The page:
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Copy Data into Arrays When writing to video memory, only systems that support Fast Writes will get good write performance. When using AGP memory, it is absolutely essential that data be written to the buffer sequentially to maximize memory bandwidth. This is because AGP memory is uncached, and writing sequentially will take full advantage of the write combiners. Additional performance can be obtained by creating two or more partitions within the buffer, then alternately writing between them. This allows the CPU to fill one partition while the other is simultaneously drained by the GPU. If using a single partition (or a small number), ensure that any previous rendering calls are finished with the partition before refilling it. This can be accomplished by using GL_NV_fence as described in this paper. The synchronization provided by the GL_NV_fence extension is significantly finer-grained than that of the glFlushVertexArrayRangeNV() function, and should be preferred. Draw Indexed Primitives For drawing primitives, it’s best, though not essential, to use indexed formats (i.e. glDrawElements, glDrawRangeElements) over non-indexed ones (i.e. glDrawArrays), and to avoid glArrayElement altogether (and do not mix glArrayElement with immediate mode calls – this will certainly yield poor results). Indexed elements not only have the advantage of minimizing bandwidth (only a single index needs to be transferred, not all of a vertex’s data), but the driver can also quickly and easily detect shared vertices. Upon encountering a vertex the first time, it will need to be transformed and potentially lighted. The second time it’s encountered, the index may show up in the vertex cache as being already processed. GeForce products have a vertex cache of 16 entries, although it’s effectively only 10 entries due to pipelining. Cache usage can be maximized by spatially sorting geometry. Long strips are fairly efficient even without the vertex cache, so great pains need not be taken to insure good performance. However, when triangle/quad lists are processed, it is definitely best to render adjacent primitives at the same time, if possible. GeForce products require indices to not exceed 65535. If more indices are necessary, break the object into smaller parts. Set Fence(s) [optional]As soon as a buffer will no longer be referenced by subsequent rendering calls, set a fence. When memory must be reclaimed, these fences can be finished in the order they were set. The following command is used to set a fence: glSetFenceNV(fence, GL_ALL_COMPLETED_NV);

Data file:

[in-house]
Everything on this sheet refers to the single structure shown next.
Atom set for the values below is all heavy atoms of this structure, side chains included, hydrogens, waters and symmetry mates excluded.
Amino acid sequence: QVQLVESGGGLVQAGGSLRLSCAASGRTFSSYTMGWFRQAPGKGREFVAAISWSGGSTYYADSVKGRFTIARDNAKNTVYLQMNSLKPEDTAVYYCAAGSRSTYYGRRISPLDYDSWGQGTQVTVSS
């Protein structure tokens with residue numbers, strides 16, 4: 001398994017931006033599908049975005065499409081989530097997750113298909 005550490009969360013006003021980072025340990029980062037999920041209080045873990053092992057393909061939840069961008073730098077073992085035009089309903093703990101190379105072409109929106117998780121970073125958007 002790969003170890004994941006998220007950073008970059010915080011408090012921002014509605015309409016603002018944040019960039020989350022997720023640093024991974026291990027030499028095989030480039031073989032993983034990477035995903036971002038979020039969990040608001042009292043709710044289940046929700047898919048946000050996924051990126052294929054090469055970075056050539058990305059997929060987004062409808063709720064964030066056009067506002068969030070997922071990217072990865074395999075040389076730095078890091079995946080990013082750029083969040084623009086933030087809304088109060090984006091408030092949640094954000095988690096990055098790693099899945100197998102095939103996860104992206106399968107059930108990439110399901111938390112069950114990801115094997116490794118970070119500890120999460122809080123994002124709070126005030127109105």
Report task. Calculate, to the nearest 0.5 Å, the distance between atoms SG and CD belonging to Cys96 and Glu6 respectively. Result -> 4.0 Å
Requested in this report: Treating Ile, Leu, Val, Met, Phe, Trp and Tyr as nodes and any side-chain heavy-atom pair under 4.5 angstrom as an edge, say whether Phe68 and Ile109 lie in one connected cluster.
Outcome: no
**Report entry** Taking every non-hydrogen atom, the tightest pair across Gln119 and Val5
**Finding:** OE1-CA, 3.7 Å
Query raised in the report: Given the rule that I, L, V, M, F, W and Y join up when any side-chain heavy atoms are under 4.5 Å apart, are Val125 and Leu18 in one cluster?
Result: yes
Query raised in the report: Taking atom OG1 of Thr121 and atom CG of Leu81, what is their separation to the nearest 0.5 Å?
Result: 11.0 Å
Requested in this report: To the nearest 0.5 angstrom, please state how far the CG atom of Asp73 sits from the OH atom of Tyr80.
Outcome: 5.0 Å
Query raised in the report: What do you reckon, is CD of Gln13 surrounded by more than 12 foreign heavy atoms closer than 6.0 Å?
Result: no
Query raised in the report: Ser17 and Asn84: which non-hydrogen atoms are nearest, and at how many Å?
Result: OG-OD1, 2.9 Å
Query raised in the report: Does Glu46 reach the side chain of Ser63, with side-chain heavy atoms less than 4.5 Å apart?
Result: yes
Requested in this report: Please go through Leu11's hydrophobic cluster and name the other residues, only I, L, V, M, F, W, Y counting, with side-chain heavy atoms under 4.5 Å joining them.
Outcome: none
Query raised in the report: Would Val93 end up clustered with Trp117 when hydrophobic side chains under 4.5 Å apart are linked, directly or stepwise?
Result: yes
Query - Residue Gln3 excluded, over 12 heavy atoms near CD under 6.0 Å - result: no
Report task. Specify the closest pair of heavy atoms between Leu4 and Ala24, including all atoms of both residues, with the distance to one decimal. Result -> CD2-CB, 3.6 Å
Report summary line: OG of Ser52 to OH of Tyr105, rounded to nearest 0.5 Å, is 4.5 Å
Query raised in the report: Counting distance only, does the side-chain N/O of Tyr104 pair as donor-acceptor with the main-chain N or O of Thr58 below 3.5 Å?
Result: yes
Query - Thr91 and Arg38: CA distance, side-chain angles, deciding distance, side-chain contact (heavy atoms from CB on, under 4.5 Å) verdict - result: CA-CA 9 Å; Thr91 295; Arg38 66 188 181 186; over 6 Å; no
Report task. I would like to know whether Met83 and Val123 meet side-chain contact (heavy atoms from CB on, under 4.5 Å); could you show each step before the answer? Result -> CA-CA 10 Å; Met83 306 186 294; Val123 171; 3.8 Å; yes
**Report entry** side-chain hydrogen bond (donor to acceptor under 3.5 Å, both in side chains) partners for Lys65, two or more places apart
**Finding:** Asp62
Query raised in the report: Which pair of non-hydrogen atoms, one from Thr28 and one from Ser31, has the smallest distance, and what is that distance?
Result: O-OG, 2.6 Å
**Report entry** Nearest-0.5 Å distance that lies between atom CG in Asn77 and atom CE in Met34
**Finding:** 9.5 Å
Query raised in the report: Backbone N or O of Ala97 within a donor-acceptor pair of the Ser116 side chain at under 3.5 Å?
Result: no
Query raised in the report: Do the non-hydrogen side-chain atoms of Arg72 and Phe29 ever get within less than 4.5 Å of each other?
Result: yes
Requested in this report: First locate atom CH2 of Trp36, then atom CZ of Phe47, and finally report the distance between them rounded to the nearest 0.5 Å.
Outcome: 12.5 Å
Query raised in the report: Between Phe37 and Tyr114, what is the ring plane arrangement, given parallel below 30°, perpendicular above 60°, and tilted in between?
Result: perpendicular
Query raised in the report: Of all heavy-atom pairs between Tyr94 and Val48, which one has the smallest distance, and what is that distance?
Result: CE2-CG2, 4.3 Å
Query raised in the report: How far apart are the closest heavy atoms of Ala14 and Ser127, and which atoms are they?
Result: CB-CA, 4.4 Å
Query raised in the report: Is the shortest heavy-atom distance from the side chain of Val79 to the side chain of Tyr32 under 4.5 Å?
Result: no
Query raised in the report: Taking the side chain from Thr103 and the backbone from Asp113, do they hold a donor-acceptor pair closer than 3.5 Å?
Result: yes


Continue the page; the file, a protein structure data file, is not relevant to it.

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Important Caveats for NV_vertex_array_rangeWhen using vertex array range, avoid two-sided lighting, clip planes, logic op or bordered textures, because (depending on the specific hardware) these may disable the extension. The vertex arrays will still reside in uncached memory, yielding much lower performance than had they resided in regular system memory. General avoidance of these modes is advised, since they all trigger some amount of software acceleration. Because the memory allocated by the vertex array range extension is uncached, reading from the buffer will be very, very slow. If an application needs to read the vertex array data (e.g. for collision detection, deformation or animation), it should maintain a second copy of the data in cached system memory. Once the modification is completed, the data should be copied to the vertex array range buffer in large, contiguous blocks. Failure to do this will result in extremely poor performance. Finally, it’s best to tightly pack one’s data in the vertex array range buffer. In other words, don’t include application-specific data - only the vertices, normals, colors, texture coordinates and/or weights that are needed by OpenGL. This not only optimizes memory usage, but also minimizes cache misses when the data is fetched by the GPU. "